I had mine when I had ’em. I wish I’d had them earlier when I was younger and sure I knew it all and had waaaay more energy. I wish I’d waited longer until I’d developed more patience and wisdom and sorted out my own emotional crap. I didn’t get married until 29 (squeaked it in a few weeks before 30) had our first 18 months later and our second 2 years after that. I sometimes wish we’d been together as a couple longer to really build a more solid foundation (We dated a year and were engaged for a year). Then I’m glad we got the baby stages over with early because I feel like our relationship is getting so much closer now that they are old enough to not take all of our attention and we can refocus on each other. I’m definitely in the camp of ‘there ain’t no perfect’. Now if only I could apply that wisdom to other areas of my life…
Whenever we talk about what would we have done differently… it almost always boils down to “but we really couldn’t have done it any other way.” Which makes me think that this was a post totally without a point… except that it clearly struck a nerve with so many friends and readers.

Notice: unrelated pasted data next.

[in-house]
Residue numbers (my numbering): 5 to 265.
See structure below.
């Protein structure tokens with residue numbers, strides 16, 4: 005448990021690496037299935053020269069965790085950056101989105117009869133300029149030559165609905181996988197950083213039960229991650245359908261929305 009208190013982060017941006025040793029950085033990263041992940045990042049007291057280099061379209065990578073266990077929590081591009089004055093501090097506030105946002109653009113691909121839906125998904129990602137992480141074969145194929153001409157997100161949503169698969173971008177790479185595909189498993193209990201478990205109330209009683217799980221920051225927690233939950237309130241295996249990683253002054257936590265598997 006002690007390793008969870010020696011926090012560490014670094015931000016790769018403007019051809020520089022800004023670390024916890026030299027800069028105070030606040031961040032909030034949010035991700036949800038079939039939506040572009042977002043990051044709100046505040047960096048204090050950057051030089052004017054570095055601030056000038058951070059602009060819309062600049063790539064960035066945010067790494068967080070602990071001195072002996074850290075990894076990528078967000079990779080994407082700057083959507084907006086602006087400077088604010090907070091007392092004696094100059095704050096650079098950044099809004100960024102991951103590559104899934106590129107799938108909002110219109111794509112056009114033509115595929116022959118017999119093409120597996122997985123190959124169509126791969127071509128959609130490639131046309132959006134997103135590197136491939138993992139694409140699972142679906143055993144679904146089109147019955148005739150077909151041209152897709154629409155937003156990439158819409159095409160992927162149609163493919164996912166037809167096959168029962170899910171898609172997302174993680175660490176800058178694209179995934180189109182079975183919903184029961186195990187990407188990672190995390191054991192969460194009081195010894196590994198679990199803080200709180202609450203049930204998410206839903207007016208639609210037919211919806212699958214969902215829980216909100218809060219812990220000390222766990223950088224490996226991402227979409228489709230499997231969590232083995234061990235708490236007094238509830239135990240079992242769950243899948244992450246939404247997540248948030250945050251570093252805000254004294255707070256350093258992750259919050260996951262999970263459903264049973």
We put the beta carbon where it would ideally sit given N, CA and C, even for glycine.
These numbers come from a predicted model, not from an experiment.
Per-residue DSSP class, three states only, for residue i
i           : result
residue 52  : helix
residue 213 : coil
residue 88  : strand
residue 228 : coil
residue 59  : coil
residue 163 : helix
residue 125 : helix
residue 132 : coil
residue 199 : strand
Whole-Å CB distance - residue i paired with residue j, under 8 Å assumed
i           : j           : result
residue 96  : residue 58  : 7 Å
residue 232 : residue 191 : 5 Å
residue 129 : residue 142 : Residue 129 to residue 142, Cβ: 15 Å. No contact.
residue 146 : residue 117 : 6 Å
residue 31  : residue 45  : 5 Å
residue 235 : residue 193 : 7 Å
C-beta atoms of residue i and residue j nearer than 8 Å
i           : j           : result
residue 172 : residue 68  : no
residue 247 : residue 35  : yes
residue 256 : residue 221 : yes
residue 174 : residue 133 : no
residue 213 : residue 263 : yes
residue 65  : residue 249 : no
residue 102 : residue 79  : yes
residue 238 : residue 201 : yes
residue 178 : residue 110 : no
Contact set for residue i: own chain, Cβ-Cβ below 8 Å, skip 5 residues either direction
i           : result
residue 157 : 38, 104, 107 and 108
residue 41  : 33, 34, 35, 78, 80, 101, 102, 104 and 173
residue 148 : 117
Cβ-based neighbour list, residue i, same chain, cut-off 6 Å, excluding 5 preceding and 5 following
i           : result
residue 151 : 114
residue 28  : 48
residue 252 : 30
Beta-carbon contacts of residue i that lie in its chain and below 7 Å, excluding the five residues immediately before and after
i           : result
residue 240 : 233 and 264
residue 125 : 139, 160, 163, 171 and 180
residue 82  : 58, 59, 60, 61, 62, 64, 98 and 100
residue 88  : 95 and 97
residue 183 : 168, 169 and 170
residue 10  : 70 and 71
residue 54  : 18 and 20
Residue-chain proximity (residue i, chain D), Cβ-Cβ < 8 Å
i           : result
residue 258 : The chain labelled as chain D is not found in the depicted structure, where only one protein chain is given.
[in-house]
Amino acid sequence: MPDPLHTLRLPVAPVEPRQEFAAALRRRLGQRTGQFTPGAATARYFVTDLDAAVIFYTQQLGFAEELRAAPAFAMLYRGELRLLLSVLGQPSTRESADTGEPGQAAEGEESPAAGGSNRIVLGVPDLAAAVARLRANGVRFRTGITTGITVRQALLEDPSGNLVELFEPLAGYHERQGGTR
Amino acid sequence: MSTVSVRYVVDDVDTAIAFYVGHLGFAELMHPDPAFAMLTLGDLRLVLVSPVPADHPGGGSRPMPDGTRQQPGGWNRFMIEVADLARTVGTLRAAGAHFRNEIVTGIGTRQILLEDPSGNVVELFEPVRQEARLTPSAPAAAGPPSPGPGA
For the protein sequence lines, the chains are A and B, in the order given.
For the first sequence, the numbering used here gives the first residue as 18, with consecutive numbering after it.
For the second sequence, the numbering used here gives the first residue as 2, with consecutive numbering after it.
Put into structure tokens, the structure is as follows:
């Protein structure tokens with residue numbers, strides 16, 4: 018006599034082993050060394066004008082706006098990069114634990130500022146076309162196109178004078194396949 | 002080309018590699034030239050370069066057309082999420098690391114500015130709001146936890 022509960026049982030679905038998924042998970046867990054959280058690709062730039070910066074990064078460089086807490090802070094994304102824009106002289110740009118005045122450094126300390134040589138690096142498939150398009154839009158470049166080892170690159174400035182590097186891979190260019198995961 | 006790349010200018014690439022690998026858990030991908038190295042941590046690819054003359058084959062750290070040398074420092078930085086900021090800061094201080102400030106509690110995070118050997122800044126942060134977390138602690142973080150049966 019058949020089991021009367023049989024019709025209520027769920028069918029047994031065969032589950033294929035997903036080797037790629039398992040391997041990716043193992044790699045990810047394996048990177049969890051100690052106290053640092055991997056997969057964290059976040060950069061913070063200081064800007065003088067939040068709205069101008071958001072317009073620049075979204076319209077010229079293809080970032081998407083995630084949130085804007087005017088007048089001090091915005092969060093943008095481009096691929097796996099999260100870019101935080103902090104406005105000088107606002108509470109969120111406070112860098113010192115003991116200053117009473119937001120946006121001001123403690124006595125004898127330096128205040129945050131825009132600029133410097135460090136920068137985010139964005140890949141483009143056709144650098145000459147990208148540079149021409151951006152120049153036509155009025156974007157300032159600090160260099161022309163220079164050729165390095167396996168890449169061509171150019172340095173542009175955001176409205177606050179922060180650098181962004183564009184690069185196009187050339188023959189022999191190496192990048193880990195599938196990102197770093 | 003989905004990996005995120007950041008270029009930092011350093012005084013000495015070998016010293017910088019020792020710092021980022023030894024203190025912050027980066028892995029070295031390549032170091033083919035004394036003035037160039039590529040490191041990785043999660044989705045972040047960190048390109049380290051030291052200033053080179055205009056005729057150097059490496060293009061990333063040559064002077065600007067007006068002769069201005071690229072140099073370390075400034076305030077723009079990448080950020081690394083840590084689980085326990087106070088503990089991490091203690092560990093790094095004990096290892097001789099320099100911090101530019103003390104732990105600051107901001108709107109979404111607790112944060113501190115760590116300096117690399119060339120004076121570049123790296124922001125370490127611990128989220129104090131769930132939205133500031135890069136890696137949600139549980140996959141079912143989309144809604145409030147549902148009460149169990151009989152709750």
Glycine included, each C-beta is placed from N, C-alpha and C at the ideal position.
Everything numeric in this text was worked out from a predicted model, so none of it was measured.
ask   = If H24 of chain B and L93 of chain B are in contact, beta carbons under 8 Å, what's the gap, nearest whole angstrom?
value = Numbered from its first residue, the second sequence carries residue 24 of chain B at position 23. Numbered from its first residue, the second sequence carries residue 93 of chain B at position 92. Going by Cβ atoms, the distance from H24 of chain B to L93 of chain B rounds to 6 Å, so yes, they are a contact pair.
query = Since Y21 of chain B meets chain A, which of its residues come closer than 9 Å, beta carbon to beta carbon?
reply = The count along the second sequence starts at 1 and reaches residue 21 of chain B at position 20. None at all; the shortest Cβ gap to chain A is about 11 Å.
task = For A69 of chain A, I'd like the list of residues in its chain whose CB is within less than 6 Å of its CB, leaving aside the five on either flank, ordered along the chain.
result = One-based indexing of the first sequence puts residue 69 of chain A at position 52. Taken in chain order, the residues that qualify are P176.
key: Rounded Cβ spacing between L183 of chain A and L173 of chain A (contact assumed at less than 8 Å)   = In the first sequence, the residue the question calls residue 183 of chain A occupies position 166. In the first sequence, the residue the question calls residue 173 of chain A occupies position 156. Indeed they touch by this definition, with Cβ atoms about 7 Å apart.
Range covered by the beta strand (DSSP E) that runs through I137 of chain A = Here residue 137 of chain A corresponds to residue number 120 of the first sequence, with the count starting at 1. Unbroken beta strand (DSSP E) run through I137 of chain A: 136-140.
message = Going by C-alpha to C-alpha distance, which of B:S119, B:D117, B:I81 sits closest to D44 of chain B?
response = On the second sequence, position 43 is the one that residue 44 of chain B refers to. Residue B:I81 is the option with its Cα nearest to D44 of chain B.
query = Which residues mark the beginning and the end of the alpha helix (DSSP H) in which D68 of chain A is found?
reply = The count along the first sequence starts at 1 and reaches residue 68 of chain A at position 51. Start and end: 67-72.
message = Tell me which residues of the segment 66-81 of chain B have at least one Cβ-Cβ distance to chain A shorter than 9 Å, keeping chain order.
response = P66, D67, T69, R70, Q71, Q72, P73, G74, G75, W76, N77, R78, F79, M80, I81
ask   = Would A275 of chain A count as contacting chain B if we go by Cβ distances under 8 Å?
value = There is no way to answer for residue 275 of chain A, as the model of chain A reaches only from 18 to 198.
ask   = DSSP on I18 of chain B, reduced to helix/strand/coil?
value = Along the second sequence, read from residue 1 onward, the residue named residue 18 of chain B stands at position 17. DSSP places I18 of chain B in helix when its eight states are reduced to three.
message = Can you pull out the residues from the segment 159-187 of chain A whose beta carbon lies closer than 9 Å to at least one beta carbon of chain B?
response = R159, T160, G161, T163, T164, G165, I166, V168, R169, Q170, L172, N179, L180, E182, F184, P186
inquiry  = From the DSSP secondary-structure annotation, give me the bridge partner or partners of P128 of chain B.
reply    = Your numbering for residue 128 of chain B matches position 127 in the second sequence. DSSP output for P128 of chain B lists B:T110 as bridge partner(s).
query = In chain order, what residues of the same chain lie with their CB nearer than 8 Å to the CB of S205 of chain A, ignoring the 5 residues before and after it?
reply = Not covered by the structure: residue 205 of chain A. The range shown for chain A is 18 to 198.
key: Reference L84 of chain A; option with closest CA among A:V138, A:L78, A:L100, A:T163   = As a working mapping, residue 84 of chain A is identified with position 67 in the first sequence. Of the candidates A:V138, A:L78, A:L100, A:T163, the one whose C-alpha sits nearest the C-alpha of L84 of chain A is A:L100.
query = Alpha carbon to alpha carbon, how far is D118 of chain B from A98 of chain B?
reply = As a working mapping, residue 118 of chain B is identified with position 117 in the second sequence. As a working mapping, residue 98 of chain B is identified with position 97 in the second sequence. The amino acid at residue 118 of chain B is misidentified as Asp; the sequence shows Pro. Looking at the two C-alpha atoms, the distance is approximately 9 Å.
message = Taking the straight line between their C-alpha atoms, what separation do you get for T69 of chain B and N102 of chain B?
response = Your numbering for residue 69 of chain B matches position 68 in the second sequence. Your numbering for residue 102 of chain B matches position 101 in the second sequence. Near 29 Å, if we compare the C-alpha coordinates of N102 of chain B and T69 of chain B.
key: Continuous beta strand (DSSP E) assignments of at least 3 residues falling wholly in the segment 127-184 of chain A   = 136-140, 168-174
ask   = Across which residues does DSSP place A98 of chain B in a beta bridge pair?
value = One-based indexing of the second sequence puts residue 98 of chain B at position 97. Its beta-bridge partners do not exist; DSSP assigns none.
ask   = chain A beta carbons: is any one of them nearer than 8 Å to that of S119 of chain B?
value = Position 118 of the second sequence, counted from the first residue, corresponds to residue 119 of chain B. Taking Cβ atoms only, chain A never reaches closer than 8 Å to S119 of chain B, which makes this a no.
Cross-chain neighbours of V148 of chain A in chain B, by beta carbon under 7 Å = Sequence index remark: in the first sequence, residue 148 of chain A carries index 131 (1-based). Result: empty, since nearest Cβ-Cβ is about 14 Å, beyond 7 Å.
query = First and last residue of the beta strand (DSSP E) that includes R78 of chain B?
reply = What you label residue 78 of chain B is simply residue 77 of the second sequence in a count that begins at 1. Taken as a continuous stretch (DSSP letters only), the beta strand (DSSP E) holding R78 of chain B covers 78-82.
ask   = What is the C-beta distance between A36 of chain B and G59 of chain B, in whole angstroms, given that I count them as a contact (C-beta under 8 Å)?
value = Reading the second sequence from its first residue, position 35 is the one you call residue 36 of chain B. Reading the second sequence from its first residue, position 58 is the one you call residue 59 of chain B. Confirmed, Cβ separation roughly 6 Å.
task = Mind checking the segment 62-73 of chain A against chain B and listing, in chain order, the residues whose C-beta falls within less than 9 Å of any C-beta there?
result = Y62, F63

I kinda liked your point : ). I think I could have done it a ton of different ways. I could have stayed with some of the guys I was with before (my first boyfriend broke up with me and I still thank my lucky stars since I never would have and can only see how twisted a relationship it was in retrospect). I could have picked apart my hubby as I did most guys after boyfriend #1 and found ways to prevent getting close and committing. We could have waited for kids longer after getting married. We even discussed not having any. I could have gotten knocked up long before meeting hubby and mostly have luck to thank that I didn’t. I think it could have gone differently an infinite number of ways. I think the real point is that there are too many variables for us to ever be able to find perfect and holding off for it means you miss even more. The point I took for your original post was basically life is messy so embrace it. Wasn’t it John Lennon who said ‘Life is what happens when you’re making other plans’?